Better research needed on the use of shockwave therapy in animals – review
Only weak scientific evidence exists for the favorable effects of extracorporeal shock wave therapy in conditions affecting bones, ligaments, tendons and muscles in horses and dogs, according to the authors of a review just released. to be published.
The researchers found that more and better research is needed to better understand the potential benefits of the technique in animals.
Shockwave therapy is increasingly being used to treat musculoskeletal disorders in animals and humans, Anna Boström and her colleagues noted in the journal. Animals.
During the treatment, shock waves are delivered to the tissues by an applicator directly applied to the affected area. There are several variations, including focused and radial shockwaves and high energy treatments, as well as low energy treatments.
The technique was originally developed to dissolve urinary tract stones in humans. Early in this development, it was noted that the treatment seemed to increase the density of nearby bones.
This then led to the use of shockwave therapy in an increasing variety of musculoskeletal problems.
“Veterinarians as well as complementary and alternative practitioners who treat animals are now using this technique to treat, for example, horses with tendon and ligament injuries, spinal problems and arthritis,” noted the review team.
The mechanism of action is not completely known, however, and the scientific evidence of any benefit in animals has been questioned.
The researchers performed a systematic review of published studies on the use of shockwave therapy in veterinary medicine for horses, dogs, and cats, with an emphasis on effects on clinical outcomes.
They searched for relevant articles published from 1980 to 2020 in three major databases, identifying 27 relevant articles on the effects of shockwave therapy in horses, nine in dogs, but none in cats.
“The review found that there is only weak scientific evidence for favorable effects on conditions affecting the bones, ligaments, tendons and muscles of horses and dogs,” they said.
“The reasons for the weak scientific evidence were that the studies were few, most involved only a small number of animals, many had methodological problems or, when favorable results were reported, they were not reported. reproduced in independent studies.
Few articles at low risk of bias were identified, they said.
For a few issues, including short-term pain relief, ligament conditions and osteoarthritis, some results look promising, they said, warranting further exploration in high-quality studies.
Overall, the scientific evidence for the clinical effects of shockwave therapy in horses, dogs and cats is limited, they said, with significant gaps in scientific knowledge.
Discussing their findings, the review team said there are likely several reasons why high-quality studies of shockwave therapy have rarely been done in sporting and companion animals.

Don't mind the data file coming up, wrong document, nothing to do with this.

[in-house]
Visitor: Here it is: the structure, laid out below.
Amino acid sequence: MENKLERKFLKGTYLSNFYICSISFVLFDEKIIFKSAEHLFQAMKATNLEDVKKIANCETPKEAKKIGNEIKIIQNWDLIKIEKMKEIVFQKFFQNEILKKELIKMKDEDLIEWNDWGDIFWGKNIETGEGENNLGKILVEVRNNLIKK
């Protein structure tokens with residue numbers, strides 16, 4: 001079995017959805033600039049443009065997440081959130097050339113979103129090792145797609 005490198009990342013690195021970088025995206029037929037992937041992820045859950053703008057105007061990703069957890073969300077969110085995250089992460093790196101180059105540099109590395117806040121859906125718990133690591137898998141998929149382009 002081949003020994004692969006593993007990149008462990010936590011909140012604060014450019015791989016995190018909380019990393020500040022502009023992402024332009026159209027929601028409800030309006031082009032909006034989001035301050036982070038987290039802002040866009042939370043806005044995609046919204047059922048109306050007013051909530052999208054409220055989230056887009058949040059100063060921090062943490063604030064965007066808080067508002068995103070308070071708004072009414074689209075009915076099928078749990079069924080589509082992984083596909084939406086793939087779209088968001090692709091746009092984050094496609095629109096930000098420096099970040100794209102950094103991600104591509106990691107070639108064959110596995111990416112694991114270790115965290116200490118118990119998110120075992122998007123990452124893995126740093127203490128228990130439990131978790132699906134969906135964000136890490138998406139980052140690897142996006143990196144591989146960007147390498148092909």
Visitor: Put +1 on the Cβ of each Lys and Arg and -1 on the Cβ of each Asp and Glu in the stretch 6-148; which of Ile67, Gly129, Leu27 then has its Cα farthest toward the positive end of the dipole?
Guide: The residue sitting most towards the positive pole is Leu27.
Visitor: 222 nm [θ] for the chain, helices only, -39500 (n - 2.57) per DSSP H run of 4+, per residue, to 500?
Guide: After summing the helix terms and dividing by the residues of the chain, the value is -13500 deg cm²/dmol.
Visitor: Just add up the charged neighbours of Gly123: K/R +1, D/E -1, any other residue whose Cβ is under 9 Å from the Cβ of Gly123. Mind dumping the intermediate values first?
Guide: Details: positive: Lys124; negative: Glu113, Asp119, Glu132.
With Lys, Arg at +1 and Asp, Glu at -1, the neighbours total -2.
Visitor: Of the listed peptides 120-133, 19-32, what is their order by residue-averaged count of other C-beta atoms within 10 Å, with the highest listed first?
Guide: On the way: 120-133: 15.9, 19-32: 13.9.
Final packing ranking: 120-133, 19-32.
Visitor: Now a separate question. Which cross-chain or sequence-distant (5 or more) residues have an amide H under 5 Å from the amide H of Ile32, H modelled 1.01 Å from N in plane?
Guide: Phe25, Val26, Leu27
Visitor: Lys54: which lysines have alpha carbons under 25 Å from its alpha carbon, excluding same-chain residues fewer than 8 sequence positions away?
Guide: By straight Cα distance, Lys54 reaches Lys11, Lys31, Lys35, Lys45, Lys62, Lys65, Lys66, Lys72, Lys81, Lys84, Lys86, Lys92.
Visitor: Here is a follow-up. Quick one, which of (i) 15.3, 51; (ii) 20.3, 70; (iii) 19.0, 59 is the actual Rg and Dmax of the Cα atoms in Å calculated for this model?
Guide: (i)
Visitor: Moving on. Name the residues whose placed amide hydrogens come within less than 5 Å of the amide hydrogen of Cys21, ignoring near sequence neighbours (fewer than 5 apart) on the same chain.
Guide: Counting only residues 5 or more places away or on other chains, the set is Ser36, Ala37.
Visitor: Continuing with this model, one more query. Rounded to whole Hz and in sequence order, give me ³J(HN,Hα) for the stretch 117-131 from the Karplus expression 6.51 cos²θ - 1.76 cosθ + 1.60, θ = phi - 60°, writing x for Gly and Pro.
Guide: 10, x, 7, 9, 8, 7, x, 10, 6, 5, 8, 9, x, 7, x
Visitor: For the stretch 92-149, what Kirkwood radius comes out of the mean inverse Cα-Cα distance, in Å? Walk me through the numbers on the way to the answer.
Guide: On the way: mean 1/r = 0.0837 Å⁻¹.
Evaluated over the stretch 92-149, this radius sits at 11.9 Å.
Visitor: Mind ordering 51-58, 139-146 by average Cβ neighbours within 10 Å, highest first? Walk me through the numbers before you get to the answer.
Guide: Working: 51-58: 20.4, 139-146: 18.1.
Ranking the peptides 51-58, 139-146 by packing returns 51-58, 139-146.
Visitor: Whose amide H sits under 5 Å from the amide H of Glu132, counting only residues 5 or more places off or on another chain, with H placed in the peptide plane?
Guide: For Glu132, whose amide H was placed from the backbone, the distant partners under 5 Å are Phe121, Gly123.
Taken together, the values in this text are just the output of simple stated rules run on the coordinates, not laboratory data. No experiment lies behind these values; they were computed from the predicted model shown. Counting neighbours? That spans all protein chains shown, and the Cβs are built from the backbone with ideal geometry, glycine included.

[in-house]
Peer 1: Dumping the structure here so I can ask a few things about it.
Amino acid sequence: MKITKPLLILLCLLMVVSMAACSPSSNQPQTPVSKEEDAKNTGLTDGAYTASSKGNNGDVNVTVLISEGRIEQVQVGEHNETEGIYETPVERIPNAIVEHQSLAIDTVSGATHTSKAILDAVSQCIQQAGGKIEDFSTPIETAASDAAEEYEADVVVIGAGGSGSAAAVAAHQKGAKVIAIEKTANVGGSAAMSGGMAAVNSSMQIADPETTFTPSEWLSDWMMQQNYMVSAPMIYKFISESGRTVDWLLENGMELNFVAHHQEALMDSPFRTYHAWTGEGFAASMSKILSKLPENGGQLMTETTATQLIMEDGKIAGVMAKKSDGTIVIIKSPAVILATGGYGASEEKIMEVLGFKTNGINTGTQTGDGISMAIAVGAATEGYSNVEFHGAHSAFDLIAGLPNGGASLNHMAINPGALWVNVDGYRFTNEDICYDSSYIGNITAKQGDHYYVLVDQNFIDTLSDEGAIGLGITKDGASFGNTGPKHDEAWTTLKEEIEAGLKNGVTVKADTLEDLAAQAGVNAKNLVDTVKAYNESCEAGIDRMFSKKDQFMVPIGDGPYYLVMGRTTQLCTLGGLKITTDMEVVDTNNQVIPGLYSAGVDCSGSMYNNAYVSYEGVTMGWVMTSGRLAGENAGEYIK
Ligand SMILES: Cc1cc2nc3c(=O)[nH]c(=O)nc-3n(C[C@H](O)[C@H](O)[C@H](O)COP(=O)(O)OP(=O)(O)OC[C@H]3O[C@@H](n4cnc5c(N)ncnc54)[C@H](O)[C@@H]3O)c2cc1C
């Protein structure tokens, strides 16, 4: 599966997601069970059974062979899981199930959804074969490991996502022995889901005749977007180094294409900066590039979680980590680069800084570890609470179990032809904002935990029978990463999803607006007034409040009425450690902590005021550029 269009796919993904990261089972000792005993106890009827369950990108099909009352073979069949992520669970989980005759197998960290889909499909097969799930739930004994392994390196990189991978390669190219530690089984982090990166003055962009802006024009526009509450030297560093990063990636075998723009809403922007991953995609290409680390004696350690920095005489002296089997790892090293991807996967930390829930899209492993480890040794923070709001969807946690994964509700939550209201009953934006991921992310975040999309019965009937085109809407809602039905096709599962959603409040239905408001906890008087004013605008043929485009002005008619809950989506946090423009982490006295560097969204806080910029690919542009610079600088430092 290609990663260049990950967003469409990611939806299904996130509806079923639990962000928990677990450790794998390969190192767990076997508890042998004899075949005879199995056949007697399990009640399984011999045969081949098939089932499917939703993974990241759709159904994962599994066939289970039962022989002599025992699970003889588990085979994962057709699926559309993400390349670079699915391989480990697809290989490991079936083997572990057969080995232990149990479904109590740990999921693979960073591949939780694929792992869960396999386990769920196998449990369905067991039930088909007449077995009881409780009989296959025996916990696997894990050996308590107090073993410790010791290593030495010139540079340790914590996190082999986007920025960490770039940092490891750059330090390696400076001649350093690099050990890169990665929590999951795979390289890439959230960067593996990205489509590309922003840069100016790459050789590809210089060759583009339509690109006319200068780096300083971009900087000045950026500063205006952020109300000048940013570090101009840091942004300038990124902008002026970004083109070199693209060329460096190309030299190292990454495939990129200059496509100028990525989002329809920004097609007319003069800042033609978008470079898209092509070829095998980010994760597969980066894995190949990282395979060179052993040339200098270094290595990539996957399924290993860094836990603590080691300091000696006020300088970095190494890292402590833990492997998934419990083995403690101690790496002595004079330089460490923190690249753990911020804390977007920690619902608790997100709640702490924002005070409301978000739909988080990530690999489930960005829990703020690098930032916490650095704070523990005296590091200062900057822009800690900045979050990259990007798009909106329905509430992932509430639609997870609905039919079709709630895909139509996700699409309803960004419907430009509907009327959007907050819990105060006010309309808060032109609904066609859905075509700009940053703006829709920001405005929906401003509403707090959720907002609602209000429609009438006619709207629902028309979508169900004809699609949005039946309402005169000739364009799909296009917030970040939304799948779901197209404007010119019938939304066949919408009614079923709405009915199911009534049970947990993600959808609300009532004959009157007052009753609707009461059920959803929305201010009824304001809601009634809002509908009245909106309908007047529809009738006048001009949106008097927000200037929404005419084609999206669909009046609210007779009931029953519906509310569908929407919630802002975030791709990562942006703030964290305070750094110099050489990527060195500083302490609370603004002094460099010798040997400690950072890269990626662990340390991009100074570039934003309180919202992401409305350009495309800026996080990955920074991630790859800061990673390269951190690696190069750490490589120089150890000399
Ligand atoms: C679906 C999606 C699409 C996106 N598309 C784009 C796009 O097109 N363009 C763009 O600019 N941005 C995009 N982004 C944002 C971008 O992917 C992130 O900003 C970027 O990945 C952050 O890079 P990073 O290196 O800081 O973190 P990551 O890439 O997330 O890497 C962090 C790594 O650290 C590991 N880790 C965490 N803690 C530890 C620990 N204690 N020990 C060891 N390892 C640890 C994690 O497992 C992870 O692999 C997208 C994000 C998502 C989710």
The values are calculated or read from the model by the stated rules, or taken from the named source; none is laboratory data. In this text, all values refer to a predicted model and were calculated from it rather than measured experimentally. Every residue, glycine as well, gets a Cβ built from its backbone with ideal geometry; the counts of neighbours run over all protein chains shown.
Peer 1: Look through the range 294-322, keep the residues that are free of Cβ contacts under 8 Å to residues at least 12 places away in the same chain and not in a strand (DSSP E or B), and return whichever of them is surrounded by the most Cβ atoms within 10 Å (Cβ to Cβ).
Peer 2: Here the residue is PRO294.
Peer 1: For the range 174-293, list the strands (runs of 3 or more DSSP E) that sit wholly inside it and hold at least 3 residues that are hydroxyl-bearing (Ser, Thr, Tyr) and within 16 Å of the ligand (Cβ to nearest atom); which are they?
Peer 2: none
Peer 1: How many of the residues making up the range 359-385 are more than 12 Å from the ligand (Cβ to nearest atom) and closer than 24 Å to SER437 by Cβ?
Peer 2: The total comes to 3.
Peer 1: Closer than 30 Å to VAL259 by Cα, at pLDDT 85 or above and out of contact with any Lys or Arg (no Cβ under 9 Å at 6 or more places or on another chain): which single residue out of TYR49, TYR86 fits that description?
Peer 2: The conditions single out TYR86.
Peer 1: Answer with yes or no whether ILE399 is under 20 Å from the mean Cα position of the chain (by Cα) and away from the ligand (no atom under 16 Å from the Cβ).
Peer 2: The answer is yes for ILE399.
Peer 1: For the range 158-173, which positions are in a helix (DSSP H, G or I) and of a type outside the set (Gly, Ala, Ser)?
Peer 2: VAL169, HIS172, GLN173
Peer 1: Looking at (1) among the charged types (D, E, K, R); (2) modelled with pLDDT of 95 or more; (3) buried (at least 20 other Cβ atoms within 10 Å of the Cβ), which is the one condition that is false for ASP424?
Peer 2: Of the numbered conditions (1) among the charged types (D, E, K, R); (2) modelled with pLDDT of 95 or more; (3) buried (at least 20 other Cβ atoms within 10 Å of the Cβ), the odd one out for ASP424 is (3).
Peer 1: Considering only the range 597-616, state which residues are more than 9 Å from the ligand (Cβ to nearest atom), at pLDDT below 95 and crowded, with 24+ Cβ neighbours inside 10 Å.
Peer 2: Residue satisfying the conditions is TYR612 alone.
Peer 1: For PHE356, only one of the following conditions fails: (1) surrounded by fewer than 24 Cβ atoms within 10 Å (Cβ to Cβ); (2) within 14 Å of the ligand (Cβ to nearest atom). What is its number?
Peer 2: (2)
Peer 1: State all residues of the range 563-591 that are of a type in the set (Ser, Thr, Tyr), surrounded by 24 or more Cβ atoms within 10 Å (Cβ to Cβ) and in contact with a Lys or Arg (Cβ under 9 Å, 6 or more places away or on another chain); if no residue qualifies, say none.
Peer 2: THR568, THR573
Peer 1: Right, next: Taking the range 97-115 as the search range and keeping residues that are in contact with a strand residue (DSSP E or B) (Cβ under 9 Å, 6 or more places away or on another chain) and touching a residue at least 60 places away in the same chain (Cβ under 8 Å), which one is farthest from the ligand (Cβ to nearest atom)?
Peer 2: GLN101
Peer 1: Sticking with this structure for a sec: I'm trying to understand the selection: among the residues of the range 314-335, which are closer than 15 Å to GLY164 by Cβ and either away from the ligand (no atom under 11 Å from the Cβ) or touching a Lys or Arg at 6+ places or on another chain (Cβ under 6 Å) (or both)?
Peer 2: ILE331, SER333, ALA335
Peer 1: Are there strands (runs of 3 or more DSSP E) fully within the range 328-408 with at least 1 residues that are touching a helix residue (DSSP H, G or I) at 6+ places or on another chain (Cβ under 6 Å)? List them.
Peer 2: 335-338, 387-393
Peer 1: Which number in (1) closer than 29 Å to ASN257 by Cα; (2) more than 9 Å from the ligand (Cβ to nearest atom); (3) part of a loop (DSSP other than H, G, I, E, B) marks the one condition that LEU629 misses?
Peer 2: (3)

“A possible explanation is that extracorporeal shock wave therapy is already accepted as an effective treatment method in veterinary medicine based on clinical experiences and reported positive effects.
“Furthermore, assessment of the design of many of the studies covered by our review indicates that there is limited experience on how to conduct research of sufficient quality to justify acceptance or rejection of the therapy by the community of research and veterinary practice.”
They said a limitation for drawing conclusions about the treatment effects of the technique in sport and companion animals is the many differences in the studies reviewed regarding study design, use of controls, statistical power, outcome measures and follow-up time.
“The large share of low-quality studies with a high risk of bias is problematic but in itself provides a basis for the overall assessment of the current strength of scientific evidence.”
The authors stated that the large proportion of studies at high risk of bias underscores the need for higher quality research using accurate methodologies to assess the potential therapeutic effects of shockwave therapy.
The review team included Boström and Heli Hyytiäinen, from the Department of Equine and Small Animal Medicine, part of the Faculty of Veterinary Medicine at the University of Helsinki in Finland; Anna Bergh, from the Department of Clinical Sciences, part of the Swedish University of Agricultural Sciences; and Kjell Asplund, from the Department of Public Health and Clinical Medicine at Umeå University, also in Sweden.
Bostrom, A.; Bergh, A.; Hyytiäinen, H.; Asplund, K. Systematic review of complementary and alternative veterinary medicine in sporting and companion animals: extracorporeal shock wave therapy. Animals 2022, 12, 3124. https://doi.org/10.3390/ani12223124
The review, published under a Creative Commons Licensecan be read here.